Restaurant review

Fiend, London W10: ‘Clever, deliciously erratic and slightly confusing’ – restaurant review | Food

SSome restaurants lurk in my journal for weeks, instilling mild anxiety rather than happy anticipation. Devil was one of those examples. It started with the name, which does not whisper equanimity, reverie or gluttony. Fiend, in my opinion, is a demonic, possibly green, gnome-like being, waiting in a dark alleyway in the name of Satan himself. You would need to be a specific type of chef to set up a rather dark and weird restaurant on Portobello Road and call yourself Devil.

Chris Denney is that person. A round-up of the interviews the chef gave about his previous business, cult hit 108 Garage, reveals some refreshing unfiltered quotes. “He speaks as he finds,” as my old grandmother would say. Fiend website simply emphasizes the idea that one is about to be ambushed. This, I read, will be a “provocative, rebellious and inspired” evening of eating “kurobuta belly with eel and rock samphire frosting” or “scallop with yellow sauce and mango kent” or other phrases. ringing with Ks and Zs sitting on it the menu looks like barbed wire, not even trying to sound delicious but rather intriguing.

Celeriac Baked at Fiend, London W10: “Perhaps the most delicious thing I have eaten this year. “ Photograph: Karen Robinson / The Guardian

Fiend is “alive, bohemian” and in the “epicenter” of Portobello. The bohemian word used in conjunction with restaurants always sounds the alarm bells, as I imagine a Helena Bonham Carter guy smoking in a room that smells of stale orchids and cat piss. However, at Fiend you can consider bohemian to mean diners should be prepared to be relaxed, groovy, and open to everything, or, if you’re over 35, able to pretend “groovy” in short, bubbling bursts. , while rearranging your bifocals to read the menu in a room darker than Margate Shell cave. I mean, literally: Fiend’s walls are black. Like when Adrian Mole painted on his Noddy wallpaper. And in that darkness appears the manager of the restaurant, who is absolutely adorable and very enthusiastic, while also looking like a character of Tim Burton who would be deep in A flock of seagulls.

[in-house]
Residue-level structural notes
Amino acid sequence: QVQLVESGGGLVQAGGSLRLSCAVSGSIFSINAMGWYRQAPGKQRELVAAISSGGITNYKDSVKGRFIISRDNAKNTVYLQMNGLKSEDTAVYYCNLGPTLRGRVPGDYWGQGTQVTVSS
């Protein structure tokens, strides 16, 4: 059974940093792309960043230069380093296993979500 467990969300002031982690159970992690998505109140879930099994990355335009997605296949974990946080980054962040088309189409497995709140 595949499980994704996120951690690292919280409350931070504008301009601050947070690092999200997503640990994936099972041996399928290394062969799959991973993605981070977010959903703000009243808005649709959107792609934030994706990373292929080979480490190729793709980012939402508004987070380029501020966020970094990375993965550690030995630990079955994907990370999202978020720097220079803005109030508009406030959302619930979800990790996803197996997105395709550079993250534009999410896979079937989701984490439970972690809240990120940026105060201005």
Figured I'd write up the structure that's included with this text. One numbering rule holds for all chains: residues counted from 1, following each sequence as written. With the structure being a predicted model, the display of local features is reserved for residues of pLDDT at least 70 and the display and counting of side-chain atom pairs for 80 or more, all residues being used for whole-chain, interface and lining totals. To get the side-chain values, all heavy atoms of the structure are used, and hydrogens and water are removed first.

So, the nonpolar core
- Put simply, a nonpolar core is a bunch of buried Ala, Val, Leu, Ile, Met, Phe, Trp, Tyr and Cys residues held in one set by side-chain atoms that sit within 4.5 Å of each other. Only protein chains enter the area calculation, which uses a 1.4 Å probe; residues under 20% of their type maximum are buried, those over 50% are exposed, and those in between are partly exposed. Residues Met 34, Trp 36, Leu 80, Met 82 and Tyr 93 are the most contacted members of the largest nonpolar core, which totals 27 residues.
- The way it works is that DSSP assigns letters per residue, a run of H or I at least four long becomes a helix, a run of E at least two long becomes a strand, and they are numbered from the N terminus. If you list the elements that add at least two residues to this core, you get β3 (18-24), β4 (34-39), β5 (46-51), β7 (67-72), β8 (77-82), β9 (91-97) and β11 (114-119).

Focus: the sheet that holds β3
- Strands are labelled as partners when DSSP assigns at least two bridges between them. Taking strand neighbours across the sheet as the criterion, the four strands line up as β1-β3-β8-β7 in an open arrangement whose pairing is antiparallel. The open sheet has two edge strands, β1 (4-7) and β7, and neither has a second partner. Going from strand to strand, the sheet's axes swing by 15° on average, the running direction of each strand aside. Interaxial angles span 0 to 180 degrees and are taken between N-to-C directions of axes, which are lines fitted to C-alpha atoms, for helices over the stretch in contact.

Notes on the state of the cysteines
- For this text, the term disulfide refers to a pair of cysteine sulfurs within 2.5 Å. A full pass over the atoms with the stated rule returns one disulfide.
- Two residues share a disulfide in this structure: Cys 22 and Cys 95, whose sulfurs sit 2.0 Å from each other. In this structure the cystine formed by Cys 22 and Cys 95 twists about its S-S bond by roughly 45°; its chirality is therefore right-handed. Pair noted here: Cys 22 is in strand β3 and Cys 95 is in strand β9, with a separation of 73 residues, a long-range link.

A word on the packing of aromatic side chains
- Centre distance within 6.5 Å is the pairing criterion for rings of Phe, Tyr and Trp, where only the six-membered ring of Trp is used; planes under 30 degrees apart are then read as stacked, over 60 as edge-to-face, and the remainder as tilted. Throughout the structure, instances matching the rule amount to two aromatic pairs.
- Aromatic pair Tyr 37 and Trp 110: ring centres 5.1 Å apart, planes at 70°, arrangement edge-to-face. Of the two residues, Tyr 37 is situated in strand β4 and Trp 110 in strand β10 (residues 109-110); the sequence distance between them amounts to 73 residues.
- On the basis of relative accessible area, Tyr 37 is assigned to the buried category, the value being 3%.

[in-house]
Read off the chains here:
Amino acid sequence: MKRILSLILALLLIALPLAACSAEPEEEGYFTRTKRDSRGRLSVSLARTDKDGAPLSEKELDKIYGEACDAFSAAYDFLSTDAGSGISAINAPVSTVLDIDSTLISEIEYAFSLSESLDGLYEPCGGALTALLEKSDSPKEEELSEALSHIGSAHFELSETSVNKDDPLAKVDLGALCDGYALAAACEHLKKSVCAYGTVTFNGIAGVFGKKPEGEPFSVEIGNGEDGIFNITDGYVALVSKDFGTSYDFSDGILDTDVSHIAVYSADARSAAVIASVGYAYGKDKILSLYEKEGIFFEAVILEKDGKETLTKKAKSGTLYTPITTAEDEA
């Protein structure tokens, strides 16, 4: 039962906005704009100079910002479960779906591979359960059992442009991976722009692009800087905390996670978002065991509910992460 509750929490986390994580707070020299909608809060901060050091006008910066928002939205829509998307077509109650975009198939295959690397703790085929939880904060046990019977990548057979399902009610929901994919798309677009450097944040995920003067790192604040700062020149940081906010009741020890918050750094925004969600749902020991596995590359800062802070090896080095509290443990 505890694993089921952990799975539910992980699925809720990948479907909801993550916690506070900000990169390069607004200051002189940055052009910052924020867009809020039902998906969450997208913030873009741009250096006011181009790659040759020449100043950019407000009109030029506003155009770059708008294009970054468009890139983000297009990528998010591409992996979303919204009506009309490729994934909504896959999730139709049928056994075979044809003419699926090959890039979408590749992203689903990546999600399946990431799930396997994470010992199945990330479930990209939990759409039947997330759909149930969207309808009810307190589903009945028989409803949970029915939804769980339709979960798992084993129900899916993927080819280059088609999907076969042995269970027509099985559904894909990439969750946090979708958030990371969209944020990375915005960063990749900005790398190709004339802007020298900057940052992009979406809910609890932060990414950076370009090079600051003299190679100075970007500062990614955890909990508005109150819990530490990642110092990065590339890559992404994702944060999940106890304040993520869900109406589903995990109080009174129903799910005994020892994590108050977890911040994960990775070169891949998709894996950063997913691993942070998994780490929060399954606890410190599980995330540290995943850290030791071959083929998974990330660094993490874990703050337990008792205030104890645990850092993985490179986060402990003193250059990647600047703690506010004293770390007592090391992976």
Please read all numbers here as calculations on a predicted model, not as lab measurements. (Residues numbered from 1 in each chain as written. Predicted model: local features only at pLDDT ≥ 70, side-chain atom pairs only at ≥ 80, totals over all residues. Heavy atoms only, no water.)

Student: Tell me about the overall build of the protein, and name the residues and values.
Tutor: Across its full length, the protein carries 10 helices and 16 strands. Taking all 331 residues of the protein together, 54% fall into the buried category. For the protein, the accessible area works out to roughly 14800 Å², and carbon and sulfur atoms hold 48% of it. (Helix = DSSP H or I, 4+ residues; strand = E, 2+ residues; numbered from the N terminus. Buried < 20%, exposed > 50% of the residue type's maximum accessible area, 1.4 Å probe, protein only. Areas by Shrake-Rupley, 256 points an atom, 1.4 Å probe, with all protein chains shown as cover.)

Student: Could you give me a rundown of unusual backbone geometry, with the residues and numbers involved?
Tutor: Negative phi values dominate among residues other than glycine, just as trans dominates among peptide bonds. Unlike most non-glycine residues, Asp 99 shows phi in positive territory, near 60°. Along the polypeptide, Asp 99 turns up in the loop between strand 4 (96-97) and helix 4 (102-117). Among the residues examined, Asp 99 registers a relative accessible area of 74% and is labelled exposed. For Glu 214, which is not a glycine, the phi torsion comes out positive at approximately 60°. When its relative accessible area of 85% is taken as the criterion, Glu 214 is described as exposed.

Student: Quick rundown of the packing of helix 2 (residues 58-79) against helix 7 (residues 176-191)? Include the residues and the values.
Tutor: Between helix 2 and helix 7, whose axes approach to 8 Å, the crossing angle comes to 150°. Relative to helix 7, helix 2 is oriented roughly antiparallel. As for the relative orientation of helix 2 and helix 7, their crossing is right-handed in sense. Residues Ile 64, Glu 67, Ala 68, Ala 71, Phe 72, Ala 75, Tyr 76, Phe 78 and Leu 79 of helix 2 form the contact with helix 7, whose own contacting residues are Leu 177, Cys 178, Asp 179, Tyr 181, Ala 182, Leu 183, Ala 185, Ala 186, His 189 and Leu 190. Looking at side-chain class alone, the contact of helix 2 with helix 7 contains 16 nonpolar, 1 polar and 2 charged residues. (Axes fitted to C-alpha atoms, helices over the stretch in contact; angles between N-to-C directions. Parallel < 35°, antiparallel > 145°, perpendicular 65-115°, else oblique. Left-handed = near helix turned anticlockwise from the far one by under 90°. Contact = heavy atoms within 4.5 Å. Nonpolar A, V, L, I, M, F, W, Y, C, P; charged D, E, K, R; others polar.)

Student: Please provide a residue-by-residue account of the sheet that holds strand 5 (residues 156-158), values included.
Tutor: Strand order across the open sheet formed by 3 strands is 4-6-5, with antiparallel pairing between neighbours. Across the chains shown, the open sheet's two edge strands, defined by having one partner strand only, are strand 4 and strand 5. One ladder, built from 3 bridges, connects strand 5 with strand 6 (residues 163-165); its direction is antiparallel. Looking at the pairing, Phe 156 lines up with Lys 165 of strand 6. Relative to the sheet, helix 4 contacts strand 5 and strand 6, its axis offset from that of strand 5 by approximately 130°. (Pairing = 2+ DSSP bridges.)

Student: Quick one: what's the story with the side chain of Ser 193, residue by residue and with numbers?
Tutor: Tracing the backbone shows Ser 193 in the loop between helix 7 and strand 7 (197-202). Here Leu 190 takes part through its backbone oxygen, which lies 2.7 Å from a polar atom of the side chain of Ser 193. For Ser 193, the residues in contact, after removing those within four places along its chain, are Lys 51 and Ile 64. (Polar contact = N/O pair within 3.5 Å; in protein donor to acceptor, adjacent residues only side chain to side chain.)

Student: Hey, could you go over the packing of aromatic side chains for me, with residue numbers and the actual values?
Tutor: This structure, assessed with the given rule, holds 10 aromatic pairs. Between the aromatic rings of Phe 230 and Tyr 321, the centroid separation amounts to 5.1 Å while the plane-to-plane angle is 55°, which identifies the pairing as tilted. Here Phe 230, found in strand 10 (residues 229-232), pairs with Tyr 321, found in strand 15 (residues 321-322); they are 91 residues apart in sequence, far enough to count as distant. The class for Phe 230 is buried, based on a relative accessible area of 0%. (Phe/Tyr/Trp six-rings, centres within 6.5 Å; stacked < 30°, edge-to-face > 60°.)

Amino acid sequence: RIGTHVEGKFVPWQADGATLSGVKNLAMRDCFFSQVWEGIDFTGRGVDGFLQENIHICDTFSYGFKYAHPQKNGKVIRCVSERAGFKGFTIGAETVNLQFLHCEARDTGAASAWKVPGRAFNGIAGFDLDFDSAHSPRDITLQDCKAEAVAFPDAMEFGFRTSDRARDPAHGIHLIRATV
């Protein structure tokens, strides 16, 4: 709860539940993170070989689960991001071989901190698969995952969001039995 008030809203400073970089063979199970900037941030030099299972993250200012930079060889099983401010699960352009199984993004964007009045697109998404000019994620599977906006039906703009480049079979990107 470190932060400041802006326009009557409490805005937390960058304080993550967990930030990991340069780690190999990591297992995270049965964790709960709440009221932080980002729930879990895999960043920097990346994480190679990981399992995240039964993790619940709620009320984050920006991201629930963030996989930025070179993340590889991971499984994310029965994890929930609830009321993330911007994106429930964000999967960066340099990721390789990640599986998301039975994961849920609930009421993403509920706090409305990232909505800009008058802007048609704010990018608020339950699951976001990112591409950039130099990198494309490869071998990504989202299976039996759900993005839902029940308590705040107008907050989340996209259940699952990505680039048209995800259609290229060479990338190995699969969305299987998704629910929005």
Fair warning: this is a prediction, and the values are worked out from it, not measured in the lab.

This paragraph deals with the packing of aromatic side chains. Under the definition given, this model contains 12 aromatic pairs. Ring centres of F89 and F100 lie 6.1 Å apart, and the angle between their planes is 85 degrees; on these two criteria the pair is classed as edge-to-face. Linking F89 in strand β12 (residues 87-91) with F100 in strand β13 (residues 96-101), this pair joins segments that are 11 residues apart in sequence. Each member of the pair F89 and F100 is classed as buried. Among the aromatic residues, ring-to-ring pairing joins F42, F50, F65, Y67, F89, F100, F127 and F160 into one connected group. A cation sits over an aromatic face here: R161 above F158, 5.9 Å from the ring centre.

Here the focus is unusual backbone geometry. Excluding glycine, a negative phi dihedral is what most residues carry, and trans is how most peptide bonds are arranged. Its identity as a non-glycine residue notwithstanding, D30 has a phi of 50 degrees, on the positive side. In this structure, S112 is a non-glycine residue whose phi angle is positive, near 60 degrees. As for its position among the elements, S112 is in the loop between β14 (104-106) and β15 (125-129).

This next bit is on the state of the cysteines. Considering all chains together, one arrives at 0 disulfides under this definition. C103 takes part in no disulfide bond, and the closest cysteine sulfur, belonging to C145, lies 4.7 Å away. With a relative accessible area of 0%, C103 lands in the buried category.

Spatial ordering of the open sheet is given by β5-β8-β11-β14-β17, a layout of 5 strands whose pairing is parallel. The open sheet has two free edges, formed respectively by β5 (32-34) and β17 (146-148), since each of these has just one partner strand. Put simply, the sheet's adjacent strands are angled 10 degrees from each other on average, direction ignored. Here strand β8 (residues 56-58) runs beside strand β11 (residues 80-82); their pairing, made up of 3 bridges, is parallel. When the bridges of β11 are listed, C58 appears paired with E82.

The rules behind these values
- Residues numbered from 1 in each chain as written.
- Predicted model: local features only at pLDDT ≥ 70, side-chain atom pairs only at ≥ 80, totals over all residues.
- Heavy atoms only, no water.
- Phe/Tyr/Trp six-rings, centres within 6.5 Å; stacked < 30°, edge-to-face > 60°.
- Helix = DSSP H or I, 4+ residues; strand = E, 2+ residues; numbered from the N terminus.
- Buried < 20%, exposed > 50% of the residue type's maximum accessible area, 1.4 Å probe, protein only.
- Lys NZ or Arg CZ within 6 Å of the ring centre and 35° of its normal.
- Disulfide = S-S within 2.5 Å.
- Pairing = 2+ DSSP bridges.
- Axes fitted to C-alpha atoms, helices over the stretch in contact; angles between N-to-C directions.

If you are already exhausted from the few minutes you spent going through this review, may I tell you that I spent three hours there, waving my phone torch while saying, “I think that says lamb heart agnolotti with mustard dashi? But does it really make sense? It looks like something Louis Cyphre ate in Angel Heart. The answer is yes: it was a fragrant bowl of bowels in a broth with a handful of pasta, more like a Japanese version of pierogi. A tasting menu is available, but my guest Hugh and I chose the menu. Chips of frozen wagyu salami wafer appeared, followed by a hot brioche and chicken liver parfait. For me, the star of Fiend’s show is a slice of celeriac in salt, perhaps the most delicious thing I’ve eaten this year, topped with a weird, earthy, addicting concoction that Denney calls “granola.” with pistachios and mushrooms ”and finished with hollandaise sauce.

Venison with prune at Fiend, London W10: 'Gothic in the extreme.'
Venison with prune at Fiend, London W10: ‘Gothic in the extreme.’ Photograph: Karen Robinson / The Guardian

The portions are small, the carbs and weight are thin on the floor. Dried sea trout, for example, is a subtle, melt-in-the-mouth bowl of pink fish, goat yogurt, puffed rice, horseradish, and raw apple. A single, heavily titivated, burnt leek is littered with fluffy black radish and a gochujang vinaigrette. Cucumber dill sorbet palate cleansers are a life-changing curiously. A main course of venison with prunes is Gothic in the extreme, all the more so for eating it in an elegant West London bat cave.

In the dessert menu, we chose the coconut and pineapple rum savarin. This is a dangerously alcoholic piña colada rum baba – which I have never seen served in the UK before. Another scoop of rich and textured black cherry sorbet was also outstanding.

Pineapple Coconut Rum Savarin at Fiend:
Pineapple Coconut Rum Savarin at Fiend: “Dangerously watered.” Photograph: Karen Robinson / The Guardian

I’m not convinced Fiend is the perfect setting for Denney to come up with this weird, confident, experimental, and definitely delicious menu. Obviously, he’s a passionate character, and this menu of his wacky projects would be more suited to a 10- or 12-seat jewel chef’s table-style business, where he could talk and display all the crazy techniques and processes. Instead, Fiend is a spacious two-story venue with an open kitchen set away from diners. There is a large cocktail bar downstairs, currently out of use. The entrance to the restaurant has a long bar with seating that no one was using on the evening of our visit.

However, I know Denney is a huge talent and his team is one of the best in the country. I left Fiend strangely hungry but stuffed with ideas. The menu was smart, focused, deliciously erratic, and a bit confusing. Fiend appears to be sidetracked by a nefarious presence. The more I think about Denney’s cooking, the more it suits me perfectly.

Devil 301 Portobello Road, London W10, 020-3971 8404. Open Tue 6 pm-midnight, Wed-Thu 11 am-midnight, Fri-Sat 11 am-1am. Around £ 70 per person a la carte, plus drinks and service.

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